ColombiaOne.comCultureExploring the Submerged Heritage of Seaflower Biosphere Reserve in Colombia

Exploring the Submerged Heritage of Seaflower Biosphere Reserve in Colombia

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San Andres
The Seaflower Biosphere Reserveis covers the entire Archipelago Department of San Andres, Providencia and Santa Catalina in Colombia. Crtedit: UN Tourism/CC BY-NC-ND 2.0

Beneath the azure depths of the Seaflower Biosphere Reserve in the archipelago of San Andres and Providencia lies a treasure trove of ancient artifacts and shipwrecks that experts consider invaluable. This submerged heritage, nestled in the Seaflower’s marine environment, unveils a silent narrative of events from the past, waiting to be shared with humanity.

The Seaflower Biosphere Reserve, located in the western Caribbean in Colombia, has not only captivated marine enthusiasts with its vibrant ecosystems and colorful species but has also revealed remnants of ancient vessels, including structures, shipwrecks, cannons, and anchors. These relics, wholly or partially submerged for a century or more, are regarded as Submerged Cultural Heritage.

Captain Maritza Moreno, associated with the Directorate of Maritime and Port Affairs (DIMAR), emphasizes the importance of documenting these pieces: “It is crucial to have an inventory of these artifacts, firstly to understand our history, and secondly, to protect it.”

Since 2019, a project has been underway to explore the Submerged Cultural Heritage of the entire Colombian Caribbean. In September 2022, the Seaflower Expedition arrived at Cayo Bolivar, a site of vital importance for artisanal fishing located in the southern zone of the biosphere reserve in San Andres.

Seaflower Biosphere Reserve Colombia
The Seaflower Marine Protected Area (AMP) was the first created of this type and the largest in Colombia. Credit: INVEMAR_BEM/CC BY-NC-SA 2.0

Captain Maritza Moreno, reflecting on the discoveries made during the expedition, stated, “It was a marvelous experience because we didn’t have much information initially. However, it brought us immense joy to witness these findings. There’s a story being told, and we will be able to share it with humanity.”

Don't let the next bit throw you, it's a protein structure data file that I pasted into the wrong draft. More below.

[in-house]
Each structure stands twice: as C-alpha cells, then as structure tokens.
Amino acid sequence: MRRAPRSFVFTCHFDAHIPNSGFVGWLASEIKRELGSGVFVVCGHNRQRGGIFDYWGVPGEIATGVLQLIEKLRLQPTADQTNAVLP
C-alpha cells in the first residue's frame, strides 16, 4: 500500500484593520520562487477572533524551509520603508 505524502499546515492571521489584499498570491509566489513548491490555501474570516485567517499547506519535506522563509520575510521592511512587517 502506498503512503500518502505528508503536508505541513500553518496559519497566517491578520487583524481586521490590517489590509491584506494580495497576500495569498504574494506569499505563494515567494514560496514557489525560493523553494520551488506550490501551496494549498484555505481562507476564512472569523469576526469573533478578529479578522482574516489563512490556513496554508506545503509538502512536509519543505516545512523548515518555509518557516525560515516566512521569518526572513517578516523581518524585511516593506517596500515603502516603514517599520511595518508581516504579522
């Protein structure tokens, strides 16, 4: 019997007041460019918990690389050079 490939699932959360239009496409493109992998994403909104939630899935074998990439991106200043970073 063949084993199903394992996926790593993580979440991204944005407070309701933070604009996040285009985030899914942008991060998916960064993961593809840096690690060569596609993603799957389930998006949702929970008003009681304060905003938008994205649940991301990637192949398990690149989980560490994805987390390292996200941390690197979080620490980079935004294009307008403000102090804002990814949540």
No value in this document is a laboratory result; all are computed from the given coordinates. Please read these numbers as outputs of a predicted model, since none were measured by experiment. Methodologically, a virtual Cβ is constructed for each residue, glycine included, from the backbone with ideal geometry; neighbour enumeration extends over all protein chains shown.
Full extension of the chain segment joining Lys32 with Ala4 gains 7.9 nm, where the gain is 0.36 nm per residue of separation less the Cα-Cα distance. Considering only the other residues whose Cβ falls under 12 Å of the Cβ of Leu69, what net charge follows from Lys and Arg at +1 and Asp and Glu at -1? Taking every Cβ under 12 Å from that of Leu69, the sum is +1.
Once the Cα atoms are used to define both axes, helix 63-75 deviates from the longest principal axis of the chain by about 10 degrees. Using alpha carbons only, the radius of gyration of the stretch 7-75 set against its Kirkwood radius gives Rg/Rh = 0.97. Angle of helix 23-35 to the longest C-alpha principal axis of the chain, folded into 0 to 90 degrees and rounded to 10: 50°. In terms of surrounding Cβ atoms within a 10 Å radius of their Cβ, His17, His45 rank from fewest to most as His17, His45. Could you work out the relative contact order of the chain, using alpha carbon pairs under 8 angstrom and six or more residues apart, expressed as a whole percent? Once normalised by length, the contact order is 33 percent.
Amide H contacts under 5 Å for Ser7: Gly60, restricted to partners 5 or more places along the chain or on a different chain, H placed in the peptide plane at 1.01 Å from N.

The complex process of discovery

Uncovering these submerged treasures is no simple task. Anthropologists, archaeologists, and historians first delve into oral sources, maps, and historical literature to identify potential locations, which are later verified at sea.

Using an echosounder—a device that maps the underwater terrain through soundwaves reflecting on a screen—the team verifies potential sites. Subsequently, divers visually confirm findings through underwater exploration, capturing audiovisual or photographic records.

Jesus Alberto Aldana, an archaeologist and Submerged Cultural Heritage specialist involved in the expedition, highlights the collaborative effort: “What enhances this joy is when the fishermen, boatmen, and captains of the accompanying vessels are even more astonished by these discoveries because it was through them that we found them.”

Preserving history for future generations

While the recent discoveries at Cayo Bolivar are yet to be declared Submerged Cultural Heritage, pending further analysis, the expedition’s five days of exploration sparked a desire among participants to learn more and share their newfound knowledge with friends, family, and fellow workers.

Seaflower Biosphere Reserve, designated by UNESCO’s Man and Biosphere program in 2000, covers the entire Archipelago Department of San Andres, Providencia, and Santa Catalina. With an area of 180,000 km2, it encompasses various islands, cays, and marine environments. The reserve’s protection has played a crucial role in preserving key species and strategic ecosystems.

Seaflower Biosphere Reserve Colombia
Hawksbill Turtle is considered endangered and is found in the area. credit: Diego Delso/CC BY-SA 4.0

The Seaflower Biosphere Reserve serves as a prime example of conservation efforts in the Caribbean, showcasing extensive coral reefs, seagrass beds, mangroves, beaches, open sea, and tropical dry forests. Recognized by the International Union for Conservation of Nature (IUCN) as a potential World Heritage site, the reserve contributes significantly to marine biodiversity, being home to over 2,300 marine species.


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